Geez, what’s with all this rain? Someone needs to tell the rain gods that people in St Louis sing about APRIL showers, not those in January. Yeah, as if they’ll bring the flowers that bloom in … February.
Maybe the rain gods just like watching Cardinals games, and want to get all this rain stuff out of the way NOW, so they can suffer through fewer rain delays after the April season opener. Or maybe they just like us Cardinal FANS, and are giving us a 3 month warning, so we can prep our homes for the deluge to come later.
What CAN you do to keep all this rainwater from coming into your house? Sure, it would be nice to store a huge tarp against your back fence, all dressed-up in yellow to look like the world’s largest Post-Dispatch. And every time it rained, dozens of men, running as fast as they can, unroll the tarp over your house to keep the water out. But only the players themselves can afford a system like that.
So, why not use the rain coming down as an opportunity to learn where your home’s weaknesses are, so you can have Fix St Louis repair them before the real Spring rains come. Here’s where to look:
Basement Walls & Floors
If you see water leaking out of cracks in your basement foundation walls, or puddling-up at the base of your walls, that’s not a good thing. You’ll need those cracks filled, that’s for sure. But it would also be good if the water wasn’t right behind those walls in the first place. So, read on.
Ground Water AROUND Your House
A house is supposed to be built so that rain water does not collect around it. Water that hits your roof should flow into gutters, not overflow the sides of gutters or slip through gaps between the roof and gutters. From there, it should flow freely until it reaches the downspouts, unobstructed by leaves and debris. Then, it should pass through the downspouts without backing-up, and exit at the bottom onto sloping ground that directs the water away from the house, or into above-ground or underground drain pipes that carry it away from the house.
If your roof water is not flowing this way, the solution depends on the problem. Gutters can be realigned, secured, cleaned-out, and have gutter covers installed on them. Drain pipes can be added, lengthened, or repaired. And the ground can be re-graded so that water flows away from your house. Fix St Louis can help.
Ground Water UNDER Your House
It’s actually NORMAL to have ground water under your house — as long as the water level is low enough so that it doesn’t reach your basement floor. If it’s getting too high, and after first doing everything you can to minimize the amount of ground water around your house as discussed above, the next remedy is a sump pump system. If you don’t already have a sump pump, it’s a pretty big job to put one in, requiring among other things, jackhammering-out a channel around the perimeter of your floor, not to mention a big round hole for the pump itself. If your house has already been prepared for a sump pump, make sure there’s actually a sump pump in that big round hole, that it’s actually working, and that the water from that pump that exits your house is directed away from your home.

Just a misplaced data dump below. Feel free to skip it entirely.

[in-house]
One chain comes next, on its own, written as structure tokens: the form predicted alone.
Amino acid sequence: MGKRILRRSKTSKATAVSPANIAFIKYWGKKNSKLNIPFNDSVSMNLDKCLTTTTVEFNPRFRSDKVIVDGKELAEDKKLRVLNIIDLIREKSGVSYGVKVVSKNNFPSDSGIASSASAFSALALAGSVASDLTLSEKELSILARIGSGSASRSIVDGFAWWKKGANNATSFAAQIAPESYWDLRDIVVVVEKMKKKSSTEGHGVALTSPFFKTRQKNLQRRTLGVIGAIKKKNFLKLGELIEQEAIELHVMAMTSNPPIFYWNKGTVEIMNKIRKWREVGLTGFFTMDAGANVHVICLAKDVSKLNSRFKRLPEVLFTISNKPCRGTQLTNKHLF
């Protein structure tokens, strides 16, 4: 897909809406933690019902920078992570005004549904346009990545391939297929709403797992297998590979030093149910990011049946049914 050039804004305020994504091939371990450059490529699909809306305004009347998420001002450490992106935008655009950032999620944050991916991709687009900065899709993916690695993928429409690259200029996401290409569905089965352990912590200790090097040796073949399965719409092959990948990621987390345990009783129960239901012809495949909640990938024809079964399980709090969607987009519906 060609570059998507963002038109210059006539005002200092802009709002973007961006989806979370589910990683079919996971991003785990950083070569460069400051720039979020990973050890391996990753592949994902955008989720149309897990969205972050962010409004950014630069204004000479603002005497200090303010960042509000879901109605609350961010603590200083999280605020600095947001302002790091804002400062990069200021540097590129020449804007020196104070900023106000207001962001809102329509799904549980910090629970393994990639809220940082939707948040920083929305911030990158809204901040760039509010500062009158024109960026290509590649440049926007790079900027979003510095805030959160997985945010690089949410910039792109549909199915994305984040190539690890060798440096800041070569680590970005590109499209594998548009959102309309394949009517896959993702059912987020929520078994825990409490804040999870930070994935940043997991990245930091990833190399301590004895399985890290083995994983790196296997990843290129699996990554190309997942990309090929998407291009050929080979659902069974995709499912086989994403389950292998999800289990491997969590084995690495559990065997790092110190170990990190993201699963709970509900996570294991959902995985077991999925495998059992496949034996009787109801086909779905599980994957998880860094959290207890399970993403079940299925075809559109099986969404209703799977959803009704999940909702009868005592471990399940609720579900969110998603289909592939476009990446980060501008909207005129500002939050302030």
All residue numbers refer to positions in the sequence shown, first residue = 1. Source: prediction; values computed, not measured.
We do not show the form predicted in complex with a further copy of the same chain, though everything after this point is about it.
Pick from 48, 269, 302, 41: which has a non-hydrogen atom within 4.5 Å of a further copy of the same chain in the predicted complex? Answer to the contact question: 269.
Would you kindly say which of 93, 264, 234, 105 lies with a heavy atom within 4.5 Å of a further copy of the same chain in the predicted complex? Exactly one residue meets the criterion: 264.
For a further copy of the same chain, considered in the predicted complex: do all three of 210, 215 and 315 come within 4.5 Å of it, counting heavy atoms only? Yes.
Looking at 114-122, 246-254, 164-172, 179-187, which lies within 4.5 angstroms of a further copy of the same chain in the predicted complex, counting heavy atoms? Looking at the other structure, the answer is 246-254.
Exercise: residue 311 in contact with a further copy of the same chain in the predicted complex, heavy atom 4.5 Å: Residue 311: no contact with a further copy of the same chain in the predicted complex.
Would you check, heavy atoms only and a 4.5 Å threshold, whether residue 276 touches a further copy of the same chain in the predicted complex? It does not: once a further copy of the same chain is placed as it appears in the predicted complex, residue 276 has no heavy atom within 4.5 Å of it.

Ceilings With an Attic Above
If there are water stains on a ceiling that has an attic above it, like upstairs bedrooms and hallways, you now have, or once had, a roof leak. Usually these leaks don’t come from random holes in shingles, but from where other items meet the roofing — like vent pipes and chimney bricks. In this regard, you may hear contractors throw around the word “flashing,” which does NOT mean a naked person is running around on the top of your roof. It refers to metal used to fill the gaps between those items and the roof. Sealants like caulk are needed, too.
Windows and Doors
If you have water coming in around windows and doors, Fix St Louis can eliminate your problems by patching brick mortar, caulking inside and out, replacing or repairing rotted exterior trim, and replacing door weatherstripping, thresholds, and door sweeps.
So, good news. If you’ve got problems with water coming into your house this winter, you don’t have to move to a Florida training camp or a water-tight domed stadium. All you need is a capable ground crew. And that would be Fix St Louis.